By Dylan Manfre
Known for the energy she brings on the court, women’s basketball junior guard Amari Johnson found herself watching the game she loves from the sideline for nearly two years.
Johnson was forced to sit out after she transferred from the University of Rhode Island to Rider due to an NCAA rule that requires students who transfer to complete one academic year before participating in a game or traveling with the team.
“It was a year and a half because as soon as I finished my season at Rhode Island, I didn’t have a team,” Johnson said. “I had to get in the gym on my own which was tough because the team had access to the gym and I wasn’t on the team anymore. When I committed [to Rider,] it was tough because I couldn’t play in games.”
The rule deprived Johnson of many key bonding experiences with her new team. She said the entire process took a toll on her mental state.
“Not being able to play in games but still having to practice was a hard hit to my mentality,” Johnson said. “That was my fault because I didn’t have the mentality to say ‘Even though you’re not playing in games, you still need to get on the court and do your extra stuff.’”
Head Coach Lynn Milligan sympathized with the challenges Johnson faced as she navigated her way through the process.
“You’re still practicing everyday but it’s not the same as game day,” Milligan said. “It’s the competitiveness of game day and the thrill of putting your uniform on; you forget that. So, it takes some time to get that back and I think what we’re seeing from her now is her best.”
Rider missed out on signing Johnson out of high school, but once she officially left Rhode Island, Johnson reached out to her former Amateur Athletic Union coach, Tina Klotzbeecher-Thomas, and encouraged her to contact the schools that previously showed interest.
Johnson said Rider immediately came to mind because of how close it is to her hometown of Red Lion, Pennsylvania, roughly a two hour drive from campus.
Throughout the year and a half Johnson wasn’t playing, she said her parents were always supportive and were excited she chose Rider so they could attend every home game.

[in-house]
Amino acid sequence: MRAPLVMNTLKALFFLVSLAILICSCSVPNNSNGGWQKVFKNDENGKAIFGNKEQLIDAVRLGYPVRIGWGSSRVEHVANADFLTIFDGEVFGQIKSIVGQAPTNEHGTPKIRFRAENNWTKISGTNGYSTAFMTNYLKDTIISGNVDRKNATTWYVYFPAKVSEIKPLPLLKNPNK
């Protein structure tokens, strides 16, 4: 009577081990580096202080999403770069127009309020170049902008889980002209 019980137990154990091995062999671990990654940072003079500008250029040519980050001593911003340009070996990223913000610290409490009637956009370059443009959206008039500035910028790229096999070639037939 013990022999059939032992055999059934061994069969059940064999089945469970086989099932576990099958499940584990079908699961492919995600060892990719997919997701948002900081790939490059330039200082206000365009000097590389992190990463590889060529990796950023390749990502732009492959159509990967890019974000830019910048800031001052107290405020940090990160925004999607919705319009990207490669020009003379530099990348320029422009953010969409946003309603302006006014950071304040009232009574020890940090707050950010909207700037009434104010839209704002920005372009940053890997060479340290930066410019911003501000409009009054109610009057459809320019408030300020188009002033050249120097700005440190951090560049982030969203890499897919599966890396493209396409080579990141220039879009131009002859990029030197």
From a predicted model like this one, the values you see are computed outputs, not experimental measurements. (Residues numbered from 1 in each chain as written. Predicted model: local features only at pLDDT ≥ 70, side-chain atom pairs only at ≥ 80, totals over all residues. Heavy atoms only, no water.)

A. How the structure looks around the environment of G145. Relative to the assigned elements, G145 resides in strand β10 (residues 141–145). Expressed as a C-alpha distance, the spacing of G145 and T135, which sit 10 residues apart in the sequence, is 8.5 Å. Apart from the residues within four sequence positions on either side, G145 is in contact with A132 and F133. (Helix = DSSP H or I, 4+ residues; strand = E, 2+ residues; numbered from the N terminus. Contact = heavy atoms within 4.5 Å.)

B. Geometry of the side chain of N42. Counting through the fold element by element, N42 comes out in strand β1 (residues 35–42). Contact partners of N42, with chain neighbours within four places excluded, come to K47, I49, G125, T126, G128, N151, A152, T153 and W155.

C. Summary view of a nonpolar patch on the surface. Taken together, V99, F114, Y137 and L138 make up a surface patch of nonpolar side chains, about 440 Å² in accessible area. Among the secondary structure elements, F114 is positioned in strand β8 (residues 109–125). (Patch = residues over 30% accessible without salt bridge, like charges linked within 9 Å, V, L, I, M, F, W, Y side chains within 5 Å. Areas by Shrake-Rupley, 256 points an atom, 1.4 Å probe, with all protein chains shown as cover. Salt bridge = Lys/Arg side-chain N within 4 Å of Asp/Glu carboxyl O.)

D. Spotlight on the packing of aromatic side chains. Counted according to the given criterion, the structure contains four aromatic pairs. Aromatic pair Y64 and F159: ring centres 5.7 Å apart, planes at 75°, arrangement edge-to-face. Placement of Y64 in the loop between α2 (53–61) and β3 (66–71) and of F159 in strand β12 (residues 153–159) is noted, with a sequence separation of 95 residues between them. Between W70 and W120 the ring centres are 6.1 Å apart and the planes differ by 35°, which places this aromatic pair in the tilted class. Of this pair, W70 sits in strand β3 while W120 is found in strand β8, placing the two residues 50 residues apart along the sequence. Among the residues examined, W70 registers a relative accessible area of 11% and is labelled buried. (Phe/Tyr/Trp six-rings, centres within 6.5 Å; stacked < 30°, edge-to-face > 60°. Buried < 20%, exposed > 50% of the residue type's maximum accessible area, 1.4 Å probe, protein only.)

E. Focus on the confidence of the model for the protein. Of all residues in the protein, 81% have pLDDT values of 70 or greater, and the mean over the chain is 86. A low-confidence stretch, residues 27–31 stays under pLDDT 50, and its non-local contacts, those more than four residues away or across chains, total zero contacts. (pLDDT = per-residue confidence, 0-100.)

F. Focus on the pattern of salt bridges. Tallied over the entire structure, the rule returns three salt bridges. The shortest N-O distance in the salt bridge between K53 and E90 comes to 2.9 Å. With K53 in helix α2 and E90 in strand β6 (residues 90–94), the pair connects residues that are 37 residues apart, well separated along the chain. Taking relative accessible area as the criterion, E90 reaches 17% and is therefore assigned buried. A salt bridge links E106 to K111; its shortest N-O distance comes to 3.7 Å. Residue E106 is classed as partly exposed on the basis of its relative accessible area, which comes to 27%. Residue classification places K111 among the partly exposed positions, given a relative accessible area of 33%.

“My family has always been my main support system. My mom was more excited than me that I was leaving Rhode Island because it wasn’t the best situation for me,” Johnson said. “My extended family is 15 minutes away [from Rider] so they can come to any game they want. My family has been a big supporter of my decisions. Being at a school that was much closer to home was a big factor.”
In a preseason scrimmage against TCNJ on Nov. 1, Johnson scored a team-high 20 points, had five rebounds and recorded three steals in 19 minutes of action off the bench.
She knew she could score, but she didn’t expect to perform so well after her time away from the court.
“The TCNJ scrimmage was my first real game in a year and a half so it was exciting,” Johnson said. “How I’m doing now is based off hard work. I put in the work now that I know I have to. You can’t go on the court and just expect to be good with having regular talent.”
Johnson said the feeling of putting on her No. 31 jersey and playing for the first time was a special moment.
“That first game was nostalgic,” Johnson said with a smile. “It was an amazing feeling to finally be able to put on my jersey.”
Johnson started all but one game for the Broncs and immediately contributed to their success and emerged as the multifaceted guard Milligan knew she would be.
“I think Amari has a strong versatility that we like,” Milligan said. “She has length, she can score, she’s developed her three-point shot this season, she can go off the dribble and has been a terrific defender for us.”
The heart and passion Johnson had for the game was rekindled once she arrived at Rider. It has been contagious over the course of the Broncs’ campaign as she’s in the middle of the pregame huddle hyping the team up before they take the floor.
Milligan said Johnson is the kind of player that brings that energy to each game.
“They decided to put me in the middle of the circle because I have that loud voice,” Johnson said. “I have that ability to hype everybody up before the game. That was just an honor from them to me.”
After the up-and-down journey that led her to Rider, Johnson feels like it was all for the best. Although she had to fight through difficulties during the transfer process, she has found a home at Rider.
“I’ve grown so much as a player and a person,” Johnson said. “Everybody says everything happens for a reason. I was supposed to go to Rhode Island and figure out that wasn’t the right decision for me. I’ve learned a lot in terms of my mental strength, mental toughness and ability to bounce back from setbacks.”
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